Outline • Segmented Reporting and Responsibility Accounting System • Cost-Volume-Profit Analysis • Budgeting and Budgetary Control • Standard Costs and Variance Analysis • Managerial Decision Making
Introduction • Let’s look at the XYZ Company example. • A manager at XYZ Company wants to replace an old machine with a new, more efficient machine.
Introduction • XYZ’s sales are Rs2000000 per year. • Fixed expenses, other than amortization, are Rs700000 per year. • Should the manager purchase the new machine?
Introduction • The manager recommends that the company not purchase the new machine since disposal of the old machine would result in a loss:
Introduction • Is it correct? • What’s your comment to the manager’s decision? • After learning this chapter, you will know how to employ the tools of managerial accounting and make decisions correctly.
Segmented Reporting • Organizations may break down their operations into various segments • divisions, stores, services, or departments. • Management needs reports on each segment for • cost management • performance evaluation
Segmented Reporting • Segments may be evaluated as • a cost centre • a profit centre • Profit centre reports include information on a segment’s revenues and costs. • an investment centre. • Some costs are direct and some are indirect. • Indirect costs may be allocated to various departments.
Segmented Reporting • Service department costs are shared indirect expenses of operation departments. • They may be allocated using a variety of bases.
Responsibility Accounting System • Responsibility Accounting System • An accounting system • assigns managers the responsibility for costs and expenses under their control.
Responsibility Accounting System • Responsibility accounting budgets • are prepared prior to each accounting period • Responsibility accounting performance reports • compare actual costs and expenses to budgeted amounts
Cost-Volume-Profit Analysis (CVP) • CVP analysis is used to answer: • How much must I sell to earn my desired income? • How will income be affected if I reduce selling prices to increase sales volume? • How will income be affected if I change the sales mix of my products? • ……?
Assumptions of CVP Analysis • CVP analysis assumes relations can be expressed as straight lines within the relevant range. • Unit selling price remains constant. • Unit variable costs remain constant. • Total fixed cost remain constant. • If the expected cost and revenue behaviour is different from the assumptions, then the results of CVP analysis are of limited use.
Change in costChange in units Unit Variable Cost = Slope = 20 * * * Vertical distance is the change in cost. * * * * * Total Cost in1,000’s of Dollars * * 10 Horizontal distance is the change in activity. 0 0 1 2 3 4 Activity, 1,000’s of Units Produced Scatter Diagram
30 - 20 5 - 1 Unit Variable Cost = = Rs2.50/unit * * Vertical distance is the change in cost. (30 - 20) 30 * * * * * * Total Cost in1,000’s of Dollars * * 20 Horizontal distance is the change in activity. (5 - 1) 10 0 0 1 2 3 4 5 Activity, 1,000’s of Units Sold High-Low Method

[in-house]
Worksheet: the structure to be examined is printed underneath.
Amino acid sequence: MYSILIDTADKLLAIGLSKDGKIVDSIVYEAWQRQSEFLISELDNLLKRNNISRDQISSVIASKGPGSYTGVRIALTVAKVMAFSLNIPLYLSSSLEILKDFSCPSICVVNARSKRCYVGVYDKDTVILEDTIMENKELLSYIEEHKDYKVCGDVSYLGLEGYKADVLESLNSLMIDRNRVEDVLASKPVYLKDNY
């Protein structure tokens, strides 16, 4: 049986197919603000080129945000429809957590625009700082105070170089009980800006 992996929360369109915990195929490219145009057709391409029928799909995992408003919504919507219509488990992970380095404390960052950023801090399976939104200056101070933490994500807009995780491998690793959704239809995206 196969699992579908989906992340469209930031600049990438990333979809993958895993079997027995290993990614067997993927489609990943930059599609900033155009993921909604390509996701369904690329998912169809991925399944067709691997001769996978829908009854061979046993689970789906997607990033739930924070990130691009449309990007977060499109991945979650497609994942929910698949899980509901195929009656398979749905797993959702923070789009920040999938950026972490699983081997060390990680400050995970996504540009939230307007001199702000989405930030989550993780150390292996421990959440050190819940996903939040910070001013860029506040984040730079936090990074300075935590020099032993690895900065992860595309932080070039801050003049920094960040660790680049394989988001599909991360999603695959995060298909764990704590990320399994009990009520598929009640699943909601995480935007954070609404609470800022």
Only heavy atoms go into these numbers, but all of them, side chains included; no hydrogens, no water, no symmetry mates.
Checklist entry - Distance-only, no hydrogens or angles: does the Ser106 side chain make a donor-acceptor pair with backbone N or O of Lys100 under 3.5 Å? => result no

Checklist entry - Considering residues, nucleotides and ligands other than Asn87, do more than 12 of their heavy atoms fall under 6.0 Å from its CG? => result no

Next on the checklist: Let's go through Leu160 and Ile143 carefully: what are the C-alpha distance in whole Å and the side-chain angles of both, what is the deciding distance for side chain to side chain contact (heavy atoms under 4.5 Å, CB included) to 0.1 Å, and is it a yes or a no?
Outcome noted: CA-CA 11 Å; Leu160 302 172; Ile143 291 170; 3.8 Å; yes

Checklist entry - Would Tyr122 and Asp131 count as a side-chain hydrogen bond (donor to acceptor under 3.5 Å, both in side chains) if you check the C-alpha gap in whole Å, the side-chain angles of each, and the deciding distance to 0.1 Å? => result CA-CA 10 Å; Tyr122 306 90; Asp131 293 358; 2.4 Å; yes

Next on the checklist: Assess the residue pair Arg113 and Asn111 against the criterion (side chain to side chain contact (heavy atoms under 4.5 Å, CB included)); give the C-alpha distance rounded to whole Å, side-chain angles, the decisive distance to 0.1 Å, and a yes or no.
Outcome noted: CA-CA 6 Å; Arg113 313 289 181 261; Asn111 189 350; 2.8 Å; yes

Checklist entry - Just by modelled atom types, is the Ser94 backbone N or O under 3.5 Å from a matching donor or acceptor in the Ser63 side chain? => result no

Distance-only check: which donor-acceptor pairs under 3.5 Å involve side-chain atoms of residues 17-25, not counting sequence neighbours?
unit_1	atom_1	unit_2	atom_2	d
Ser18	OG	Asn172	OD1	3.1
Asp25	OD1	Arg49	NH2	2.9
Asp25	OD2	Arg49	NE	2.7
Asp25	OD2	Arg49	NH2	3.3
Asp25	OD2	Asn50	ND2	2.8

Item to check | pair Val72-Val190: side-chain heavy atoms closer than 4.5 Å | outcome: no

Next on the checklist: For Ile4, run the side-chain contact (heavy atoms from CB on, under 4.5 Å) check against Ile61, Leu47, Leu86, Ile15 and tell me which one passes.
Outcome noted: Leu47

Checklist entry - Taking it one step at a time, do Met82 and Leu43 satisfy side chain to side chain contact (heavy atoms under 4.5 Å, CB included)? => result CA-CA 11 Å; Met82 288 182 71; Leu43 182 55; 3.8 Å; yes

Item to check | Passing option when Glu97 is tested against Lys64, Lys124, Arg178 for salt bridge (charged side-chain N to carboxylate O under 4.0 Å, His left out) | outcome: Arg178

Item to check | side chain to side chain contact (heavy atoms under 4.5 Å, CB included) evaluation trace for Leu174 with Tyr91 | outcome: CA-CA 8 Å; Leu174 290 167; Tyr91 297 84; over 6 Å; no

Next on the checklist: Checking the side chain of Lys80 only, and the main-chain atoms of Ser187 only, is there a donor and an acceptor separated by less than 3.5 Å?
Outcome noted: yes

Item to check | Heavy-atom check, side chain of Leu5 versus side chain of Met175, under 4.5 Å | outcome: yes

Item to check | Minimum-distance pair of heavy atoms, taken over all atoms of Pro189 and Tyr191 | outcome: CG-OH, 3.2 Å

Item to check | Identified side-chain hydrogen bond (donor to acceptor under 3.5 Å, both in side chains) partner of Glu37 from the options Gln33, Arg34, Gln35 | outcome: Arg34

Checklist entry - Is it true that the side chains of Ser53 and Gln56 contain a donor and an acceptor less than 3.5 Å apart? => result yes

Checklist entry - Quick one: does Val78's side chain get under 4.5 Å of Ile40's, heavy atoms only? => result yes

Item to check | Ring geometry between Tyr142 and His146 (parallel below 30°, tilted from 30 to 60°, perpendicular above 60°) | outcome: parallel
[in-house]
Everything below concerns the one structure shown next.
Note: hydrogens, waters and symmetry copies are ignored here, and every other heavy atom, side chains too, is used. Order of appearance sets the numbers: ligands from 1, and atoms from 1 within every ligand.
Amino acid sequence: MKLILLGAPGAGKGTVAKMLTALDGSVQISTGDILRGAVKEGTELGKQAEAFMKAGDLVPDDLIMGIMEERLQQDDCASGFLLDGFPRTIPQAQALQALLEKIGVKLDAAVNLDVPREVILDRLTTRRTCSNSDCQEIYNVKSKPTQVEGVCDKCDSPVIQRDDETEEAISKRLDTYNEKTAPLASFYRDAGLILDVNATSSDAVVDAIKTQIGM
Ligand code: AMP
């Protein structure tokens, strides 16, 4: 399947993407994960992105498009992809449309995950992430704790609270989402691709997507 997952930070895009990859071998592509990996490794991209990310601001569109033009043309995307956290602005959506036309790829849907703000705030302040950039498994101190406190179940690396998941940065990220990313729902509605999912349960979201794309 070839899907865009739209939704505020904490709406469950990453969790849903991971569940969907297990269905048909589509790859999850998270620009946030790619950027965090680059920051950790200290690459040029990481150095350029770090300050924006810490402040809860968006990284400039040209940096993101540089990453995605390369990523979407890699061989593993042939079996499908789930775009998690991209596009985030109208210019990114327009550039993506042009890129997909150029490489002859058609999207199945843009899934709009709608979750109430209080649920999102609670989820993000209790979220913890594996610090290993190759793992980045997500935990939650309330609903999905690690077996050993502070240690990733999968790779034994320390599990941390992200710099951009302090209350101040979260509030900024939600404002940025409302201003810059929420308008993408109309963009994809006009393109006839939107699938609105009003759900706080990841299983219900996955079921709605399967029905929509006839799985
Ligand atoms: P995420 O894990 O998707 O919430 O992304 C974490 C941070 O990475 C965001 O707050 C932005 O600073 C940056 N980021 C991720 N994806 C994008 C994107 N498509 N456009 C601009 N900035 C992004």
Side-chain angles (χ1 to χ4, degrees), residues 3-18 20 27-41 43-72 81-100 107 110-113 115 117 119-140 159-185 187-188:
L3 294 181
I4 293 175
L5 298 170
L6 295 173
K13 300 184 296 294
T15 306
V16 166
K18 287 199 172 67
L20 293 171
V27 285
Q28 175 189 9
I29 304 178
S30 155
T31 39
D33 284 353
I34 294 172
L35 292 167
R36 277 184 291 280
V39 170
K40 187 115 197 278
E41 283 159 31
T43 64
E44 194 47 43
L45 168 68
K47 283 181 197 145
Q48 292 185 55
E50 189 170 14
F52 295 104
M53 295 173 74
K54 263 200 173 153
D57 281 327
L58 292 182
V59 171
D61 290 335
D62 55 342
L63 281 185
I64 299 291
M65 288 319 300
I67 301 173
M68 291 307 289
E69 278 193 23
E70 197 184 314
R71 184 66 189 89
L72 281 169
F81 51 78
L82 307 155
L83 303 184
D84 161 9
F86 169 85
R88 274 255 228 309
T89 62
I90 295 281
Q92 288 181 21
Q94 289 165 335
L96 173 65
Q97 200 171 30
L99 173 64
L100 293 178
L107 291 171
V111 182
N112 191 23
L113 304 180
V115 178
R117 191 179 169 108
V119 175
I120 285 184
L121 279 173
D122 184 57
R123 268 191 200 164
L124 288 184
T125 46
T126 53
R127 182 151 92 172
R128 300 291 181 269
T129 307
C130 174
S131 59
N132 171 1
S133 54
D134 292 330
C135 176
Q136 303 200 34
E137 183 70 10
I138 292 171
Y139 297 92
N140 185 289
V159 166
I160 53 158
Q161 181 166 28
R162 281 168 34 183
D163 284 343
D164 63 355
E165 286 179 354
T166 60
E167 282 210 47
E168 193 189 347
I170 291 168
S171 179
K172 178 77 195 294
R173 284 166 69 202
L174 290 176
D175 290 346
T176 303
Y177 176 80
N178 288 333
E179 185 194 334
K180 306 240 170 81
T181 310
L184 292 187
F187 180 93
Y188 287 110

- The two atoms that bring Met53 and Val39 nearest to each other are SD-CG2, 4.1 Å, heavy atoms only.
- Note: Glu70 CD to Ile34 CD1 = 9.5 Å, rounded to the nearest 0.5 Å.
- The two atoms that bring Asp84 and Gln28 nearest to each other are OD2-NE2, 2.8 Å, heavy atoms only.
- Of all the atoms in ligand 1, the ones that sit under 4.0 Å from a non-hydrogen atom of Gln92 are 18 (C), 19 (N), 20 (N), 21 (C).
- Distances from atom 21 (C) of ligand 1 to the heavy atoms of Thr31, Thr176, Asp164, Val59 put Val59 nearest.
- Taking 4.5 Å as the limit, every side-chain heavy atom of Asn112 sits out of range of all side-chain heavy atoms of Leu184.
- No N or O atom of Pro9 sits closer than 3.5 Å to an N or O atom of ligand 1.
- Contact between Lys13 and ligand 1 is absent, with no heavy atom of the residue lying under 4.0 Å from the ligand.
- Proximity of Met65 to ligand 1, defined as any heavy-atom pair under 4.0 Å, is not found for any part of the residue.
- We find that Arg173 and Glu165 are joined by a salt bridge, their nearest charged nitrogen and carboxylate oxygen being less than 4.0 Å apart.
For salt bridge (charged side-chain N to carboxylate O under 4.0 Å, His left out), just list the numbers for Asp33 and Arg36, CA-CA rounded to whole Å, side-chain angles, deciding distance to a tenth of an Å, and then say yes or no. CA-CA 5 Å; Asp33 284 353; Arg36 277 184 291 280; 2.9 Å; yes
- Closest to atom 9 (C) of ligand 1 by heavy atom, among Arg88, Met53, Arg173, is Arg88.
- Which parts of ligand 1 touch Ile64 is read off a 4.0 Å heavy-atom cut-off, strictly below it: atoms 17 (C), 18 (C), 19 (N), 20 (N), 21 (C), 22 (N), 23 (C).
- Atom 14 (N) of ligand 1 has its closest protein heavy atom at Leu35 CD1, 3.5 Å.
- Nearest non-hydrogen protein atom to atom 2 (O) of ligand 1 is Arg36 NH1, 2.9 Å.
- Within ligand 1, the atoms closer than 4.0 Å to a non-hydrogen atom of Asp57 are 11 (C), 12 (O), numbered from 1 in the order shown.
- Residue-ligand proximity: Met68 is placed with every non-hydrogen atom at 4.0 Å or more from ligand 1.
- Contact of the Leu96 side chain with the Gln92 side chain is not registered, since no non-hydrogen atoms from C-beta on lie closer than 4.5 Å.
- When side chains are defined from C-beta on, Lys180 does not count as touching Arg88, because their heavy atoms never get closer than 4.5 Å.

Least-Squares Regression • Least-squares regression • is usually covered in advanced cost accounting courses. • is commonly used with computer software because of the large number of calculations required. • The objective of the cost analysis remains the same: determination of total fixed cost and the variable unit cost.
Sales Costs and Revenuein Dollars Total costs Volume in Units Break-Even Analysis • The break-even point is the unique sales level at which a company neither earns a profit nor incurs a loss.
Fixed Costs Break-even point in units = Contribution margin per unit Unit sales price less unit variable cost Break-Even Analysis • The break-even point may be expressed in units or in dollars of sales.
Fixed Costs Break-even point in dollars = Contribution margin ratio Unit sales price Unit variable cost Break-Even Analysis • The break-even formula may also be expressed in sales dollars.
Pre-tax Income = Sales – [Fixed costs + Variable costs] or Pre-tax Income = Sales –Fixed costs - Variable costs Computing Income from Expected Sales • What is the income given a predicted level of sales?
Fixed costs + Target income Unit sales = Contribution margin per unit Fixed costs + Target income Dollar sales = Contribution margin ratio Sales Volume Needed toEarn a Target Income • Break-even formulas can be adjusted to show the sales volume needed to earn any amount of income.
Margin of safety, percent Expected sales - Break-even sales = Expected sales Margin of Safety • Margin of safety • How much sales can decrease before the company incurs a loss?
Sensitivity Analysis • The effects of changes in variables such as sales price, variable costs, and fixed costs. • CVP analysis can be used to show the effects of such changes. New break-even point in dollars New fixed costs = New contribution margin ratio
Budgets • Budgets • formal statements of a company’s plans expressed in monetary terms • attempt to capture the future activities of an organization • are used by businesses, not-for-profit, government, educational, and other types of organizations.
Defines goals and objectives Promotes analysis anda focus on the future Communicates plansand instructions Advantages Coordinates business activities Motivates employees Provides a basis forevaluating performance Importance of Budgeting
Budget Committee • Budget Committee • Consists of managers from all departmentsof the organization • Provides central guidance • to insure that individual budgets submitted from all departments are realistic and coordinated.
Flow of budget data isa bottom-up process. Budget Committee
Operating Budget 2005 2006 2007 2008 The annual operating budget may be divided into quarterly or monthly budgets. Budget Cycle • Budget horizons are usually for one year • but may extend for several years.